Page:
No big six conference is undergoing a bigger overhaul in the next few years than the Big East. Three longstanding members have decided to part ways with the conference (West Virginia, Pitt, Syracuse), while eight new teams (including one former member) will be added by the year 2015. Connecticut, Rutgers, South Florida, Cincinnati, and Louisville are the five schools that have decided to stay (for now). In an age of college football where holding on to a conference’s automatic BCS bid trumps the need for any logical geographical alignment, the Big East took a big step forward in ensuring a stable future. So what are they getting?
Starting in 2012, the Big East will have two Philadelphia universities, Villanova and Temple. As you may remember, the Owls were in the Big East from 1991-2004 prior to getting booted in humiliating fashion for consistently poor play on the gridiron. They were sent to the MAC where coach Al Golden revitalized one of the worst programs in the nation and turned them into a conference champion. Golden has since departed to coach the Miami Hurricanes, leaving former Florida offensive coordinator Steve Addazio in his stead. In Temple, the Big East is receiving a tough, physical football team that has been steady winners for the past few years. The ceiling of this program is still fairly low (no on-campus stadium, poor facilities, small fan base, etc.), but the floor is very high. The Owls will provide instant stability to a conference much in need of it.
Houston has certainly raised some eyebrows recently with their electric offense and the gaudy passing statistics of former quarterback Case Keenum. Starting in 2013, the Cougs will officially be members of the Big East. Next year will be a huge transition for the program as they attempt to rebuild after the loss of their head coach, quarterback, and the majority of their skill position talent. However, recruiting improved drastically under former coach Kevin Sumlin and the athletic department has been showing a commitment to maintaining a successful football program. The city of Houston is a big television market and this Cougar football team should add a ton of excitement to the Big East.
Southern Methodist Mustangs
SMU will become the second Big East team located in Texas when they join Houston as a full member in 2013. Football tradition is in no short supply for this Mustang program, as the likes of Doak Walker, Eric Dickerson, and Craig James have all walked on the Dallas campus. Coach June Jones brought his high-powered spread offense with him from Hawaii and it has had a big impact on the team’s success. Like Houston, recruiting for SMU has picked up tremendously in recent years, and it should only get better as the Mustangs move into a more prestigious conference. This is a big pickup for the Big East.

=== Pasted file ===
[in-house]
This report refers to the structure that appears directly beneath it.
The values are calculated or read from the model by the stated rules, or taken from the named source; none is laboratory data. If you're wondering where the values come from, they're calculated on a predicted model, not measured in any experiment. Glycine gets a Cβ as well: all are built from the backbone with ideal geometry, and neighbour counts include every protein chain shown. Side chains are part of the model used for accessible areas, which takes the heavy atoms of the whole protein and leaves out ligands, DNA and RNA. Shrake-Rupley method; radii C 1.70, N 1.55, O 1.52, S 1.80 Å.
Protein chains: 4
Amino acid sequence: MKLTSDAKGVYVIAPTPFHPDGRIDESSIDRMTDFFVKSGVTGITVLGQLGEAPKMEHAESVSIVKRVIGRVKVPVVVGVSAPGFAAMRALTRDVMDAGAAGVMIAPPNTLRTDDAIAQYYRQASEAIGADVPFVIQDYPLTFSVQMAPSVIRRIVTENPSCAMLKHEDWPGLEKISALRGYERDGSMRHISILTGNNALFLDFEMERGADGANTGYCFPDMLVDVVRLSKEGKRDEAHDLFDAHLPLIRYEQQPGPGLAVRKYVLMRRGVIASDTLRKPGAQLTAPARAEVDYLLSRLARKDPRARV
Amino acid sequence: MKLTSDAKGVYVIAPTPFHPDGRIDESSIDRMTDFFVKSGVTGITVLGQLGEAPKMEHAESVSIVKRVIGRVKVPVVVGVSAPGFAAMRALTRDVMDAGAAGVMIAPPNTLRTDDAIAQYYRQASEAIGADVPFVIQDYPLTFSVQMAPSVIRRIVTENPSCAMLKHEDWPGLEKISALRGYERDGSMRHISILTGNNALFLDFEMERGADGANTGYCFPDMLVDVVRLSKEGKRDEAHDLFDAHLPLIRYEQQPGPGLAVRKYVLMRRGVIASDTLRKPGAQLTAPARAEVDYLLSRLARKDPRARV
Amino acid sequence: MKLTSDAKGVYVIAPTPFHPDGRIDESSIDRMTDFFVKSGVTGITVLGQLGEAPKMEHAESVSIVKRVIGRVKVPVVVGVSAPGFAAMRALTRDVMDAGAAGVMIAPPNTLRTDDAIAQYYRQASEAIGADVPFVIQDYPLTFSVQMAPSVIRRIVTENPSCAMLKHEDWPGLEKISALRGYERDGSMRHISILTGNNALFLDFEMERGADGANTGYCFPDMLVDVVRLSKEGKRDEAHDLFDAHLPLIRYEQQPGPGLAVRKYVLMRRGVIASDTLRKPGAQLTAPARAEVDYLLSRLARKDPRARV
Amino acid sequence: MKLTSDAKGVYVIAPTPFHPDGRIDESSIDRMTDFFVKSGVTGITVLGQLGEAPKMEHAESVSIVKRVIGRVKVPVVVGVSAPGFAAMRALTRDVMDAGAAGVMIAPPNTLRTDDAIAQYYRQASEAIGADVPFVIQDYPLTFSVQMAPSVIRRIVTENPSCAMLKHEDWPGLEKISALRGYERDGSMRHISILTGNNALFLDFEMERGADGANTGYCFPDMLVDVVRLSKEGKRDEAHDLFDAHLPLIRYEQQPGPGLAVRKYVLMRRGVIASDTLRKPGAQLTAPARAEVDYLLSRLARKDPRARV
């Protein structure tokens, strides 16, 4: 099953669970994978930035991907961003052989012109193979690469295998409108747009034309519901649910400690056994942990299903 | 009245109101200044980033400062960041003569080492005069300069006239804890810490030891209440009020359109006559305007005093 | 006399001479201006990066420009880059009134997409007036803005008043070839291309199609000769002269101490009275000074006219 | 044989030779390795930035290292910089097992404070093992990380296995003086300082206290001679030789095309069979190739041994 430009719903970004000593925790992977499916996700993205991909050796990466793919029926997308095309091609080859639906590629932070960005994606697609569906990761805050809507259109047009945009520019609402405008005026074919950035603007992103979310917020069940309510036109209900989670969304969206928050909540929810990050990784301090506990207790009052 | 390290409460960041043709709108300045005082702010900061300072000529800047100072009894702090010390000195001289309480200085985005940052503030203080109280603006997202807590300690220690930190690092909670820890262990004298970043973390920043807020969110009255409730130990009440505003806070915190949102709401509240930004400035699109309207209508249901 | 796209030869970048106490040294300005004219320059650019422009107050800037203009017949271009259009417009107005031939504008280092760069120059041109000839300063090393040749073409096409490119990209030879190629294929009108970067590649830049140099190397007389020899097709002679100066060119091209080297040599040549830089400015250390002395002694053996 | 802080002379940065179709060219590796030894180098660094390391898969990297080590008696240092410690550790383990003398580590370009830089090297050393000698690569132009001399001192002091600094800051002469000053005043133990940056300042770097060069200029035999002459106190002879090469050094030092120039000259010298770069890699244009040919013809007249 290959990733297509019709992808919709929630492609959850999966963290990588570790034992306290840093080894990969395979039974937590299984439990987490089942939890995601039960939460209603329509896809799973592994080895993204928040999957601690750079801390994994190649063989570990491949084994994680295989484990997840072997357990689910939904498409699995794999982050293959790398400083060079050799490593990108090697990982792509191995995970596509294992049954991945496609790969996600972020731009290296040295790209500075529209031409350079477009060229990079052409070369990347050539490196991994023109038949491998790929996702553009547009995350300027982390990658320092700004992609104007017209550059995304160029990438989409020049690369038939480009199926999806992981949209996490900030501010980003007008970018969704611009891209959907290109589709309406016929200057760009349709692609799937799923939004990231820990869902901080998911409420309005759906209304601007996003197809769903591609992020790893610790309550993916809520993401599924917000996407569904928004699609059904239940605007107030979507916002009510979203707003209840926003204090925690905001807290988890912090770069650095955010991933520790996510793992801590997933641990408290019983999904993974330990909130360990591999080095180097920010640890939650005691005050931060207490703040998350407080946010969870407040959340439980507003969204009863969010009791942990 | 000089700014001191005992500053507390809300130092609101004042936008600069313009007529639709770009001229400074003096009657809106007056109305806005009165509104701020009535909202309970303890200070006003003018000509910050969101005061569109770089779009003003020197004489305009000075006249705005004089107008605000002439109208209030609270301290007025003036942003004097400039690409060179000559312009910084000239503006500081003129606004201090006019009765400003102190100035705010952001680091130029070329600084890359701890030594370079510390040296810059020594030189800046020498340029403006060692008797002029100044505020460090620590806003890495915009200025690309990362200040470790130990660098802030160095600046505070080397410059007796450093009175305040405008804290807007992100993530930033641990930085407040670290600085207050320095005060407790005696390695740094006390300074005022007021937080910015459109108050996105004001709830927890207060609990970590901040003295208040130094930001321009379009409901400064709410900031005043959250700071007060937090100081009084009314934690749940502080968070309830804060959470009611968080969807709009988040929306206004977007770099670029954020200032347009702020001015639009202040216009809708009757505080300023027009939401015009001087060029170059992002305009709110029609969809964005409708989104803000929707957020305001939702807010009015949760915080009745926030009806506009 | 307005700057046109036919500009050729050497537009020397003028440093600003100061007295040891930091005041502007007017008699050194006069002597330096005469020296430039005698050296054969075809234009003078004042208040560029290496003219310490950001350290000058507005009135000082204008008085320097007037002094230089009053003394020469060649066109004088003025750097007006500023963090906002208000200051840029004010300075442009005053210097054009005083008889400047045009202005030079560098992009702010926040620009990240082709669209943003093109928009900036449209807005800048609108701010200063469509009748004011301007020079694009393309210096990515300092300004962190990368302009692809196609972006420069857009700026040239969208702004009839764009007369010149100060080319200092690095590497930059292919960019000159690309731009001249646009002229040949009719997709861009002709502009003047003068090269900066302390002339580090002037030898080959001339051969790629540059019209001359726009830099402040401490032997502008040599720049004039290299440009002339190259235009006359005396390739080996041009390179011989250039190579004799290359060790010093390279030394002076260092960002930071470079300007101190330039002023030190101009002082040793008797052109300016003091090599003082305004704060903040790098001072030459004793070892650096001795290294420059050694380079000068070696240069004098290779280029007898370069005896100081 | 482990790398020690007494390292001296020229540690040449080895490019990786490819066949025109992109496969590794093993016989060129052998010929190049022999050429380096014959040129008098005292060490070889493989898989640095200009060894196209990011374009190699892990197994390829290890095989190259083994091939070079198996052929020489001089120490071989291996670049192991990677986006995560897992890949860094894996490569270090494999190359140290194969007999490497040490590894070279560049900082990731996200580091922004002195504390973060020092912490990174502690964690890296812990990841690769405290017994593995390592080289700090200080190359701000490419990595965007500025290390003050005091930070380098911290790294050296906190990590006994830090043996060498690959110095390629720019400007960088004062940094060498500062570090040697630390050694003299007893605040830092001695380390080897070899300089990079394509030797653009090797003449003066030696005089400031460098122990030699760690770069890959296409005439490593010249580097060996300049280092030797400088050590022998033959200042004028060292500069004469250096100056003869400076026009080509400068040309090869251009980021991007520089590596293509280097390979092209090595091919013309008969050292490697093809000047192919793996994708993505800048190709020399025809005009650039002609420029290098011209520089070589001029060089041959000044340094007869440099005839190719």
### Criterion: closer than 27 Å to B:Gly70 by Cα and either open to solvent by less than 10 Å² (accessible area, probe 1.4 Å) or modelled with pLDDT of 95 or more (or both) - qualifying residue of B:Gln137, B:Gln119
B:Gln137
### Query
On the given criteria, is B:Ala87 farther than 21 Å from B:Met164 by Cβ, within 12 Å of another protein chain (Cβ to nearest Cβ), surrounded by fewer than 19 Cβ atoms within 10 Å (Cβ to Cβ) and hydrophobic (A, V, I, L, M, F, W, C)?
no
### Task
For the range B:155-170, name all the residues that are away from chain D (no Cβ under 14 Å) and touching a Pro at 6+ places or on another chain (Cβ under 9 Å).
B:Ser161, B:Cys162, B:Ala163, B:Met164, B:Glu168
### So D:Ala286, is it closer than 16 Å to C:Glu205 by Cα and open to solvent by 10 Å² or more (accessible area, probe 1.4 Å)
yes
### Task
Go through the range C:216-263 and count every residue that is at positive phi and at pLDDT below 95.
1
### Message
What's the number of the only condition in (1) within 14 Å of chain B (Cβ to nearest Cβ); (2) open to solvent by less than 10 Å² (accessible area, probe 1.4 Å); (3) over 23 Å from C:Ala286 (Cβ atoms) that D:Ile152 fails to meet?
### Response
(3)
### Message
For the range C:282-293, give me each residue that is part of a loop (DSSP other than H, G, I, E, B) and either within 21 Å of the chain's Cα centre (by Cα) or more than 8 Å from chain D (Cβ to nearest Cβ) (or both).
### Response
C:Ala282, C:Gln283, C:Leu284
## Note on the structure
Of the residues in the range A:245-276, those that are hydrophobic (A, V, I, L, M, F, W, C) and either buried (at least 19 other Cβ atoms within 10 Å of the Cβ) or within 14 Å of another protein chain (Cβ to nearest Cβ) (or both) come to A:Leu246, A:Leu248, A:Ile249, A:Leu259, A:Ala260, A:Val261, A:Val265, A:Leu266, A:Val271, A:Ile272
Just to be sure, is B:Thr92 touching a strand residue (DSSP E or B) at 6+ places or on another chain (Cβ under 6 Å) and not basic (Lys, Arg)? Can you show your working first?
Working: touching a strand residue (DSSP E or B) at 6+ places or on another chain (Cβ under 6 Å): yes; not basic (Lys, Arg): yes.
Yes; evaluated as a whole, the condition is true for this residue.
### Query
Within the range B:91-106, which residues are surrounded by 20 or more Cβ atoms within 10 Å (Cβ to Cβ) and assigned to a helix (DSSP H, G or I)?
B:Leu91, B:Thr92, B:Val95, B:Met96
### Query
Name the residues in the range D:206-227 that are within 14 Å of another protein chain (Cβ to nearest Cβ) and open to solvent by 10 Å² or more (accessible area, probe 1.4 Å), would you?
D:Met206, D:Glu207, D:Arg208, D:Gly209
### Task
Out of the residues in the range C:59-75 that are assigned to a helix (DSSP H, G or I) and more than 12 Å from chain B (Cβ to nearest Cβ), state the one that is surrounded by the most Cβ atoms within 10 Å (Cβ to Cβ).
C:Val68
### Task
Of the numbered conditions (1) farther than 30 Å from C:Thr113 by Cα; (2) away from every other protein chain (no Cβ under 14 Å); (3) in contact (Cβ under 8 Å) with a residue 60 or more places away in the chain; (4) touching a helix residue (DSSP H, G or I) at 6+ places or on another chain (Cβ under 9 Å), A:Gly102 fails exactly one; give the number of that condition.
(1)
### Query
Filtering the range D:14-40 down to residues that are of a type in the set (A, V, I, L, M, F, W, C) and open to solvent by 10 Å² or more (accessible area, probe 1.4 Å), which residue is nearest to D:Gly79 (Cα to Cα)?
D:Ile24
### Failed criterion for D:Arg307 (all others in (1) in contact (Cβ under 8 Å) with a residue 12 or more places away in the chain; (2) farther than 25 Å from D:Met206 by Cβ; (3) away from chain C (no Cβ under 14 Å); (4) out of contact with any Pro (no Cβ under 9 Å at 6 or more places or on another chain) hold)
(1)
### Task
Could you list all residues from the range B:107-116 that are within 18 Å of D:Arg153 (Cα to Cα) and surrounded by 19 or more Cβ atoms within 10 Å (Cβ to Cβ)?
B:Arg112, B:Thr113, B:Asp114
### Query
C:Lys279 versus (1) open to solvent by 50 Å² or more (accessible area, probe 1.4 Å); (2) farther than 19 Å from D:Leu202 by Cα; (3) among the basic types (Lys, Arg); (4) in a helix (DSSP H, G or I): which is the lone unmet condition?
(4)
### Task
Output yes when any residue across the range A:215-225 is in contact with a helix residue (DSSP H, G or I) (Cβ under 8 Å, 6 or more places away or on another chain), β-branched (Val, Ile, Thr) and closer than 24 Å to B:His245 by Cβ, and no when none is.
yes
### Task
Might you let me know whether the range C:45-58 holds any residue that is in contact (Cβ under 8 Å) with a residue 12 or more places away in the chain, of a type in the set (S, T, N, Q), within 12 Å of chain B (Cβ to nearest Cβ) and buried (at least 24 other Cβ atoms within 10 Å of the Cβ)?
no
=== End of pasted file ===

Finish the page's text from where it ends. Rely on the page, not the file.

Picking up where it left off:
Central Florida Knights
In my opinion, snagging Central Florida was the biggest coup of the entire realignment process for the Big East; UCF is a sleeping giant in the world of college football. The University is devoted to its football program, their facilities are off the charts, and it sits in a legitimate recruiting hotbed. The Knights struggled with injuries last year and missed out on a bowl game, but the year prior they finished 11-3, won the Conference USA Championship, and defeated Georgia in the Liberty Bowl. UCF joins the Big East in 2013 and their potential for long-term success is definitely formidable.
There’s not too much good that can be said about Memphis football. Dontari Poe was a first round pick in this year’s NFL Draft…and thats about all I got. This is clearly an addition designed to enhance the Big East’s already stellar basketball reputation, without worrying too much about football. There are a few positives though. The city of Memphis is a big television market and it also happens to be a pretty good recruiting area. So that should help, right?
Boise State Broncos (football only)
Wait, I thought this was the Big East? Boise’s in Idaho! Newsflash: No one cares. Boise State is a winning program and the Big East wants winners, no matter where they’re from. Chris Petersen and the Broncos have established themselves as arguably the best team not in a big six conference. That’s all about to change when they move to the Big East in 2013. This program has done all that can be accomplished while playing in the WAC and Mountain West, and it will be very interesting to see how much more Boise can grow now that they are in a BCS automatic qualifying conference.
San Diego State Aztecs (football only)
Nothing about San Diego State screams the words “big east”, but once again, it really doesn’t matter. The Aztecs have had a pretty good program over the past few years, producing some big names such as quarterback Ryan Lindley and running back Ronnie Hillman. Former SDSU coach Brady Hoke, now at Michigan, came in and infused a hard-nosed attitude on his players, and that appears to have carried over to new coach Rocky Long’s regime. The Aztecs have averaged 8.5 wins over the past two years playing in the Mountain West, and their newfound Big East membership should only provide them with better opportunities for success.
Navy Midshipmen (football only)
Contractual obligations prevent Navy from joining the Big East until 2015, when they will become a football-only member. Despite being a service academy, the Midshipmen bring along with them an impressive nation-wide fan base which will be great for the Big East’s television ratings. Still, though, Navy will have a hard time improving their program in future seasons simply because recruiting is so much more difficult for them. However, their 8 win average over the past four years proves that winning at the FBS level is not impossible for Navy as well as the other service academies.